When the Mueller Report came out in April of 2019, I called for immediate impeachment, and assumed the House Democrats would bring down the hammer. But Bill Barr’s cockblock effectively killed the story, and Speaker Pelosi clearly felt that impeachment at that time was not what the public wanted, and would be seen as partisan. Once again, I was wrong.

I thought Kamala Harris would be the nominee, and was stunned when she dropped out in December (although I also, like the rest of KHive, assumed she had struck a deal with Joe Biden for the VP slot).

The scenario where we nominated an old white guy in Joe Biden, and the GOP responded by nominating Haley, a Gen X woman of color, filled me with dread. I’m very happy to have been wrong about that.

Even with Mike Pence and not Haley/Romney/Kasich as the VP (see above), it made good tactical sense for Republicans to jettison Trump in January 2020. They could do the patriotic thing with the impeachment vote, run Pence for president, put someone shiny and new on the ticket with him, and have eight months to separate themselves from Trump’s abject awfulness. I thought Mitch McConnell was smart enough to see the chessboard. He wasn’t, and today’s down-ballot elections may well represent the death knell of the Party of Lincoln.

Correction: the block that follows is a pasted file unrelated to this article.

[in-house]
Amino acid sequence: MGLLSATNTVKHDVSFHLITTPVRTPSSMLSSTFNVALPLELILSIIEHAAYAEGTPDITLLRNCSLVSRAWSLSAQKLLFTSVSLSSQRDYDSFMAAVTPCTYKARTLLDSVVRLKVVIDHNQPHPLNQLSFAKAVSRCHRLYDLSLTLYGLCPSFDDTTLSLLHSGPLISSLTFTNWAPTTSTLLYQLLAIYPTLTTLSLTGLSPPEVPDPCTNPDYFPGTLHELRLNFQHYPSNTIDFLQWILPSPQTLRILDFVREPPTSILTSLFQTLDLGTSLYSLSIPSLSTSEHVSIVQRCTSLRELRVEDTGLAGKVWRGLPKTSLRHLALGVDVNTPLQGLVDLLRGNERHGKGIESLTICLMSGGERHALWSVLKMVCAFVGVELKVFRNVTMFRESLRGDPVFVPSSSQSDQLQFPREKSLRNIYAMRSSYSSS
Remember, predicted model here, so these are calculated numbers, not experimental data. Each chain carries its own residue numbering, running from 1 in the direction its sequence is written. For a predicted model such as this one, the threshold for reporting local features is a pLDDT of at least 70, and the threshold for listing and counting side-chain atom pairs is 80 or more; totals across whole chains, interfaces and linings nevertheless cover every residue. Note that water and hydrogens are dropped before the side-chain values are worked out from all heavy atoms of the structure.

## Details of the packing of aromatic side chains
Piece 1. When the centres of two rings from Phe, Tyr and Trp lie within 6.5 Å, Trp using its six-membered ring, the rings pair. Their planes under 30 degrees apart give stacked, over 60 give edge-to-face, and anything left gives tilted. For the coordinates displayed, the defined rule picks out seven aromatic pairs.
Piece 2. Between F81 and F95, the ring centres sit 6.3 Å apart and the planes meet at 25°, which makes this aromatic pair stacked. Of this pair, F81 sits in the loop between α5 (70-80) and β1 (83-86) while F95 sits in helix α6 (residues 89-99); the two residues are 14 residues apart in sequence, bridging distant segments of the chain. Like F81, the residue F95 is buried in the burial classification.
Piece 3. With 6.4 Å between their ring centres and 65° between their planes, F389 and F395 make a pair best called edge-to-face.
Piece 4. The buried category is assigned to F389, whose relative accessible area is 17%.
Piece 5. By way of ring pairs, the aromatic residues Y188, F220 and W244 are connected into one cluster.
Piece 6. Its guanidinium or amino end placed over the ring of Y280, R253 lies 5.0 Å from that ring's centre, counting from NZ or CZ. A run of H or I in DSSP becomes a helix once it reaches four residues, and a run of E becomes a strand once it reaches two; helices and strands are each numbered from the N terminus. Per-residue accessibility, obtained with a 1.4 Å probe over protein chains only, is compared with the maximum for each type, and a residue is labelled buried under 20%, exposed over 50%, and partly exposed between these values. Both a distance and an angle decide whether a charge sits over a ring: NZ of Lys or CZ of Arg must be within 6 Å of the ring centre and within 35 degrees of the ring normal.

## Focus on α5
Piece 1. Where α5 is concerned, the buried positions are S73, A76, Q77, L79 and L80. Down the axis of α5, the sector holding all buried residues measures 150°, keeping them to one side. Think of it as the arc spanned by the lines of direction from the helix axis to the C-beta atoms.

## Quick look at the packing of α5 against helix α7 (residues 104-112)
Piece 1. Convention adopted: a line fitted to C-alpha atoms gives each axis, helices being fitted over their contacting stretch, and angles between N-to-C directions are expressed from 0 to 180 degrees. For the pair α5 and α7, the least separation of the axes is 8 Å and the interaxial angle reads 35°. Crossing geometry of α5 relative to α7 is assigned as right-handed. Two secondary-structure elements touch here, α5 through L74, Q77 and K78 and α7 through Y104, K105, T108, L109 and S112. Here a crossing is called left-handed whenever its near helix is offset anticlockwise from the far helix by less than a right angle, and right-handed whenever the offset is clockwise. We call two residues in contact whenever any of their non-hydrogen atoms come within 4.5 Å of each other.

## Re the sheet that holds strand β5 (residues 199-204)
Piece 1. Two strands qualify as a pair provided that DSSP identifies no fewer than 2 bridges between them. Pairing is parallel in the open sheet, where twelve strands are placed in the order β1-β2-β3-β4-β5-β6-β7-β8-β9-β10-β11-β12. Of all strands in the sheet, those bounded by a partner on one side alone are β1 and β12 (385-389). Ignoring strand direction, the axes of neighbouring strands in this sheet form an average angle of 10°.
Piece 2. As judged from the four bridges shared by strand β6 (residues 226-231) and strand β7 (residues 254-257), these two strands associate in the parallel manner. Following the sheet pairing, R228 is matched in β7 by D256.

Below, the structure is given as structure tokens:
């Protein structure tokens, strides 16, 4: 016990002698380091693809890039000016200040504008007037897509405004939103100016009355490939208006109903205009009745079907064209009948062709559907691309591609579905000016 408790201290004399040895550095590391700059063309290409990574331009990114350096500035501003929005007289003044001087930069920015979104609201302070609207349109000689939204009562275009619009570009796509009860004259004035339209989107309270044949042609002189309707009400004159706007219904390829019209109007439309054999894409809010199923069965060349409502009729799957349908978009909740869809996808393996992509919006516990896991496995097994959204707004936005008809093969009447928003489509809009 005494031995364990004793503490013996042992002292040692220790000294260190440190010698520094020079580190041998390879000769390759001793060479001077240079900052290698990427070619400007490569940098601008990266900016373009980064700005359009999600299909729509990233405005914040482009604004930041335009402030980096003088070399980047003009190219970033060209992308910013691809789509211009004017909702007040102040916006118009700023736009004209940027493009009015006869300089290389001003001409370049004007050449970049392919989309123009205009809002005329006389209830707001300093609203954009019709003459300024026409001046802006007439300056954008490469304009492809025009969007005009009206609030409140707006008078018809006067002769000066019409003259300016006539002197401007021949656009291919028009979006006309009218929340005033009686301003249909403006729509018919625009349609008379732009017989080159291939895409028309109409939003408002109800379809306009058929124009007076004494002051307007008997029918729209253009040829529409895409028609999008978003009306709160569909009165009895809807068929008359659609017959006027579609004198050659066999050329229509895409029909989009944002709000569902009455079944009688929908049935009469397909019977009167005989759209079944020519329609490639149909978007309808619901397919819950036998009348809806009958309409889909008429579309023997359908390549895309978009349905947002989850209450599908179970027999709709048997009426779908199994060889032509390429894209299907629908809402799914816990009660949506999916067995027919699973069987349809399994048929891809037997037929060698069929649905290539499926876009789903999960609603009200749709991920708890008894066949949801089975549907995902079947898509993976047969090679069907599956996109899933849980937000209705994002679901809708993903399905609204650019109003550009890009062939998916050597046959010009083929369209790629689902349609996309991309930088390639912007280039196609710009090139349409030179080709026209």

I thought that Chief Justice John Roberts, a man I’d admired since watching his confirmation hearings, would not allow the impeachment trial to be a sham. Sadly, I was again wrong. Few people have disappointed me more these last four years than Roberts.

Wishful thinking, sure, but I thought that when Trump named Mike Pence to head the coronavirus response team, the VP might actually do a good job, if only to prove his mettle for future elections. I mean, Vice President Flypaper had every incentive to kill in that job. And kill he did—but not in the fun, colloquial sense of the word. He failed miserably, and we are all the worse for his flaccid ineptitude.